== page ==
CMMC Level 1 is intended to implement basic cyber hygiene to meet 17 foundational CMMC requirements intended to protect Federal Contract Information (FCI). These requirements are derived from the National Institute for Standards and Technology (NIST) Special Publication 800-171. NIST SP 800-171 defines the requirements and objectives for DoD Contractors to implement.

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CMMC Level 2

CMMC Level 2 under CMMC 2.0 program aligns with NIST 800-171 110 security controls designed to protect CUI. This level is designed to achieve advanced cybersecurity practices to deter and prevent Advanced Persistent Threats (APTs) and non-state actors from compromising Defense Contractors’ information systems.

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CMMC Level 3

CMMC Level 3 will be reserved for the most sensitive types of CUI that could cause the most damage to U.S. national security interests. Although the cybersecurity requirements haven’t been finalized or released as of yet, CMMC 3 is considered to be an expert implementation of a subset of requirements derived from NIST SP 800-172.

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CMMC Maturity Levels

What are the 14 CMMC domains & related CMMC standards?

  • Access Control (AC)
  • Awareness & Training (AT)
  • Audit & Accountability (AU)
  • Configuration Management (CM)
  • Identification & Authentication (IA)
  • Incident Response (IR)
  • Maintenance (MA)
  • Media Protection (MP)
  • Personnel Security (PS)
  • Physical Protection (PE)
  • Risk Assessment (RA)
  • Security Assessment (CA)
  • System and Communications Protection (SC)
  • System and Information Integrity (SI)
CMMC Levels Explained: Domains & Control Requirement Guide

CMMC level 1 requirement

CMMC level 1 security controls provide good cyber hygiene when handling FCI. DoD prime contractors and subcontractors are required to perform annual self-assessments and self-attestation that they meet these basic control to be admitted to the CMMC program and reach higher-level controls.


CMMC level 1 controls

CMMC Levels Explained: Domains & Control Requirement Guide

CMMC level 2 requirements

CMMC Level 2 addresses the protection of Controlled Unclassified Information (CUI), which the National Archives and Record Administration (NARA) defines as:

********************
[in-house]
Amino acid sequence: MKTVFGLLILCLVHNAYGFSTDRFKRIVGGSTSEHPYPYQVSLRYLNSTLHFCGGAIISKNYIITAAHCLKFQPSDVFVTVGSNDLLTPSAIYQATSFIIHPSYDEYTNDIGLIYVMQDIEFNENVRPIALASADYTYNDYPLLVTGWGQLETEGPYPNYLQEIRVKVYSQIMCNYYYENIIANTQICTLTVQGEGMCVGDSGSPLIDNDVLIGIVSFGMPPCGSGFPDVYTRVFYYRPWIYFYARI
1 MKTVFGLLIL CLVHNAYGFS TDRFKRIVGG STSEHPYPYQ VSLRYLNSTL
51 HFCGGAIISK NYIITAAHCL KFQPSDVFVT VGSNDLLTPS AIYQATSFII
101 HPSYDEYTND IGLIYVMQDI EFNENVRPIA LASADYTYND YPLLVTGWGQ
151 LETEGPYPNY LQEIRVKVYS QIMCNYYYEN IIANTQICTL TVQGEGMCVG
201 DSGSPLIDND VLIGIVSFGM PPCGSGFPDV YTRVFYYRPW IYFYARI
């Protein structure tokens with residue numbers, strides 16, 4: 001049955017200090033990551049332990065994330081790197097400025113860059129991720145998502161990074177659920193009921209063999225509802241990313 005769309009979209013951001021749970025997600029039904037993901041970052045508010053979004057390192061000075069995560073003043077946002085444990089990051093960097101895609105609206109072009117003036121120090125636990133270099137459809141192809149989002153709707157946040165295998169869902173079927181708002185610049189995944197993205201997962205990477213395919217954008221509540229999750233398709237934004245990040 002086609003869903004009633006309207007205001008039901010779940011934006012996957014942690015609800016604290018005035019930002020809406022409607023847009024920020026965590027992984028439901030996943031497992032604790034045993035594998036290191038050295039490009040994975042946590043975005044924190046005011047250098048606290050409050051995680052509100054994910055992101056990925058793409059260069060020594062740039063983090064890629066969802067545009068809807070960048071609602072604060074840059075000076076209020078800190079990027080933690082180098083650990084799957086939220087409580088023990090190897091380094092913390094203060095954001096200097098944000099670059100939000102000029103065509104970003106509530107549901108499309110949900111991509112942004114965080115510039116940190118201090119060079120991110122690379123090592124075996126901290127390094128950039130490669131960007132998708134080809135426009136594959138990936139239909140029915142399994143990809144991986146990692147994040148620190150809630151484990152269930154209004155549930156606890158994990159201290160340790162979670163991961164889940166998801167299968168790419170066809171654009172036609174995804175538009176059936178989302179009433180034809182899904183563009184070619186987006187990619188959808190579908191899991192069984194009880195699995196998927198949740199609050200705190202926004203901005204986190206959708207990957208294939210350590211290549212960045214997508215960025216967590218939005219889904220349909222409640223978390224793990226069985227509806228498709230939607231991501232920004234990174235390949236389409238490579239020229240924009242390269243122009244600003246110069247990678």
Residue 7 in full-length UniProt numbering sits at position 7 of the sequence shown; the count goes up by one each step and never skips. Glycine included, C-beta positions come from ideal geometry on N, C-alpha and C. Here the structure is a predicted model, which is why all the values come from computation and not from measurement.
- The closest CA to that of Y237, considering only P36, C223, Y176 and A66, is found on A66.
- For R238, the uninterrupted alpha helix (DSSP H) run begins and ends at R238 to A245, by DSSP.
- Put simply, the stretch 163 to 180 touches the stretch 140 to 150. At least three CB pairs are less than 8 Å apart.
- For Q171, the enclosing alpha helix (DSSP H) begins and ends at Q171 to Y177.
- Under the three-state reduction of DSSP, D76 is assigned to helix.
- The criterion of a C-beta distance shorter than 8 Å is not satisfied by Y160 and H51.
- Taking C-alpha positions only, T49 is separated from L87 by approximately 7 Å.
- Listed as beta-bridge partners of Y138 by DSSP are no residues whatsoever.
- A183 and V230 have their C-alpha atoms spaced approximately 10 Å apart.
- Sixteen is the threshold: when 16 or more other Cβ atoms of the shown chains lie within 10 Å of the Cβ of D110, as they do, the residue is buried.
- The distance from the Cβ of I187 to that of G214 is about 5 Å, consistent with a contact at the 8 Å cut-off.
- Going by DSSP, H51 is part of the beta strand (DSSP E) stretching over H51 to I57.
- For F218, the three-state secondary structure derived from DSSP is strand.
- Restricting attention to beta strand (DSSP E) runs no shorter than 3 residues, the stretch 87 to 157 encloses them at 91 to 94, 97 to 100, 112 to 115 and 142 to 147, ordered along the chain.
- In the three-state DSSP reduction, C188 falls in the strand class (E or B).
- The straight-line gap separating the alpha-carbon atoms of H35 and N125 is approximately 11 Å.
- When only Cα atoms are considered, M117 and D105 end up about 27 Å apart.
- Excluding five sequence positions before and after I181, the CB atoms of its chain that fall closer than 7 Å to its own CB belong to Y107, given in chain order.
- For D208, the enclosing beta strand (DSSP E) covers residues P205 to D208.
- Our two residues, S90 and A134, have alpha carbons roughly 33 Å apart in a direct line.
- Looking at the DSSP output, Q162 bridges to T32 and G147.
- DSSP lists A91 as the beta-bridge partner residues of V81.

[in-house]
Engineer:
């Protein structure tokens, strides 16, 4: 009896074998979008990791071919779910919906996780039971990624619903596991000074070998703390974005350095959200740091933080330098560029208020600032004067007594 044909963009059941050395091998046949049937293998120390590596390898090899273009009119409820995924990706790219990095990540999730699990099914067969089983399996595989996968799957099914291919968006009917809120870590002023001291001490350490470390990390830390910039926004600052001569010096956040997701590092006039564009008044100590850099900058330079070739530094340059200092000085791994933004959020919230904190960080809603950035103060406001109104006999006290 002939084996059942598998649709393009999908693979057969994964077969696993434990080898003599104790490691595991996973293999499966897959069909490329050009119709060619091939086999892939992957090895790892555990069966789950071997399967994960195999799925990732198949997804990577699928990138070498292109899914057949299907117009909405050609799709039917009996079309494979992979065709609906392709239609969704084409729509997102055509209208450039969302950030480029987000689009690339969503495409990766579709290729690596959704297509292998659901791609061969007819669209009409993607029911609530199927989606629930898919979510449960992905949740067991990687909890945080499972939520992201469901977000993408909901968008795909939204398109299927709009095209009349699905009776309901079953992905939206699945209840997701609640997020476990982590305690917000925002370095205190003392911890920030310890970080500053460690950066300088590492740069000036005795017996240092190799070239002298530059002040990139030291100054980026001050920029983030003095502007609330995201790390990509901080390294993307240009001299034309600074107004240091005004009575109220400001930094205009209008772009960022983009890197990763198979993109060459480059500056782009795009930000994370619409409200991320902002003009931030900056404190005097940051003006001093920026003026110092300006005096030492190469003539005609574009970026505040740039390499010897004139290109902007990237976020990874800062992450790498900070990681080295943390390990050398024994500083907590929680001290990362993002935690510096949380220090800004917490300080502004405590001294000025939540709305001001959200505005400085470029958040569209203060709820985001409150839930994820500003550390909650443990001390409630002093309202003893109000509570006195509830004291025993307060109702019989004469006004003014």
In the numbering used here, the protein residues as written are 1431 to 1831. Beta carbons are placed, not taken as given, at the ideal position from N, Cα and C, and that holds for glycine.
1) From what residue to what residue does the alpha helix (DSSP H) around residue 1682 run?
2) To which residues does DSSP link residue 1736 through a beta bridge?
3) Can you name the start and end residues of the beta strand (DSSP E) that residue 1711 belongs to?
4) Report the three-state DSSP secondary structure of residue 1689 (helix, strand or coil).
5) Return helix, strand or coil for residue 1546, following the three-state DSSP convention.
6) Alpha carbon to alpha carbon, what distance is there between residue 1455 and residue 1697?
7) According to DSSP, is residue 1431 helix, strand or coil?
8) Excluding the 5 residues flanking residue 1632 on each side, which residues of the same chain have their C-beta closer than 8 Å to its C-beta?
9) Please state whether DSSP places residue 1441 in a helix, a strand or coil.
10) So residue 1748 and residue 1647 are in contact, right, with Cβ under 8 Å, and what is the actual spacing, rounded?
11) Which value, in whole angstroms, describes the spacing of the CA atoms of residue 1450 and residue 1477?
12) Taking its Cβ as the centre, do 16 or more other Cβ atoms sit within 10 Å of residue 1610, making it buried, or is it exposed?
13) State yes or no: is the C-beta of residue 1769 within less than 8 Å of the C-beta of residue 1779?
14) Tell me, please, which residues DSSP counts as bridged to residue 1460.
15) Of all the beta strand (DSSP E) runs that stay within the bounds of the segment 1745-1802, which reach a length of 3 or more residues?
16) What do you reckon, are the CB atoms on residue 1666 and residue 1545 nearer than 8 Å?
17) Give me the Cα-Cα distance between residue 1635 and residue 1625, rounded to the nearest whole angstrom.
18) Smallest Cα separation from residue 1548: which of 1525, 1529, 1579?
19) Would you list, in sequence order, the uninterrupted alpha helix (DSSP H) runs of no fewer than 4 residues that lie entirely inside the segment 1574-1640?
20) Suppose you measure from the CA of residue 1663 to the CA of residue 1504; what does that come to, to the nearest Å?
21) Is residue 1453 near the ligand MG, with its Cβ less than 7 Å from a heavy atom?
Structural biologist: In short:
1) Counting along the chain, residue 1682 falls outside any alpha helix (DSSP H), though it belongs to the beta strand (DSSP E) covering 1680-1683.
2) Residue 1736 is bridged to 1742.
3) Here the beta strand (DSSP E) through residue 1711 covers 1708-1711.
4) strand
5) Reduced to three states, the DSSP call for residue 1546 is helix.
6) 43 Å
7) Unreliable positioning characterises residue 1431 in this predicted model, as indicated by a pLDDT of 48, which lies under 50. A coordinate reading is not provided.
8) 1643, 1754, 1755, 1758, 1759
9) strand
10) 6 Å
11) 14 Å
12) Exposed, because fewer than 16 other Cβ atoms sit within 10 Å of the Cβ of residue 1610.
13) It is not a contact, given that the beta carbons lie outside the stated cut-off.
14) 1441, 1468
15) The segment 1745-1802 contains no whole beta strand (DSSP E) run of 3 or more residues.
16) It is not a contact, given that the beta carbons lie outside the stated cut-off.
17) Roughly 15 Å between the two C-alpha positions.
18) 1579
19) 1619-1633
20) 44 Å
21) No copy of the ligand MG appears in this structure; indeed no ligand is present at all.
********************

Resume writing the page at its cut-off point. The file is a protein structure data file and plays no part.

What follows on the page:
Information that requires safeguarding or dissemination controls pursuant to and consistent with laws, regulations, and government-wide policies, excluding information that is classified under Executive Order 13526, Classified National Security Information, December 29, 2009, or any predecessor or successor order, or Atomic Energy Act of 1954, as amended.


CMMC level 2 controls

Contractors who have CMMC Level 2 compliance require a CMMC Level 2 certification. This CMMC assessment must be conducted by a Certified Assessor and a CMMC Third-Party Assessment Organization (C3PAO).

CMMC Levels Explained: Domains & Control Requirement Guide

CMMC level 3 requirements

The CMMC level 3 assessment guide focuses on Advanced Persistent Threat (APT) mitigation and is used for the DoD’s highest levels.


CMMC level 3 controls

Please note that CMMC Level 3 has not been finalized as of November 22, 2022, and the below standards are referring to NIST 800-172 which DoD indicated it will derive from to establish CMMC enhanced security controls.

As such, the following are the proposed level three controls:

Let us help you identify which of the CMMC maturity levels is right for you!

CMMC implementation requires a detailed action plan, an intermediate cyber hygiene level, and expert CMMC consultants to roll out and remain compliant.

Download our fact sheet

for a complete list of standards for each level, and then reach out to us for any further questions or help to upgrade the cybersecurity program for your organization.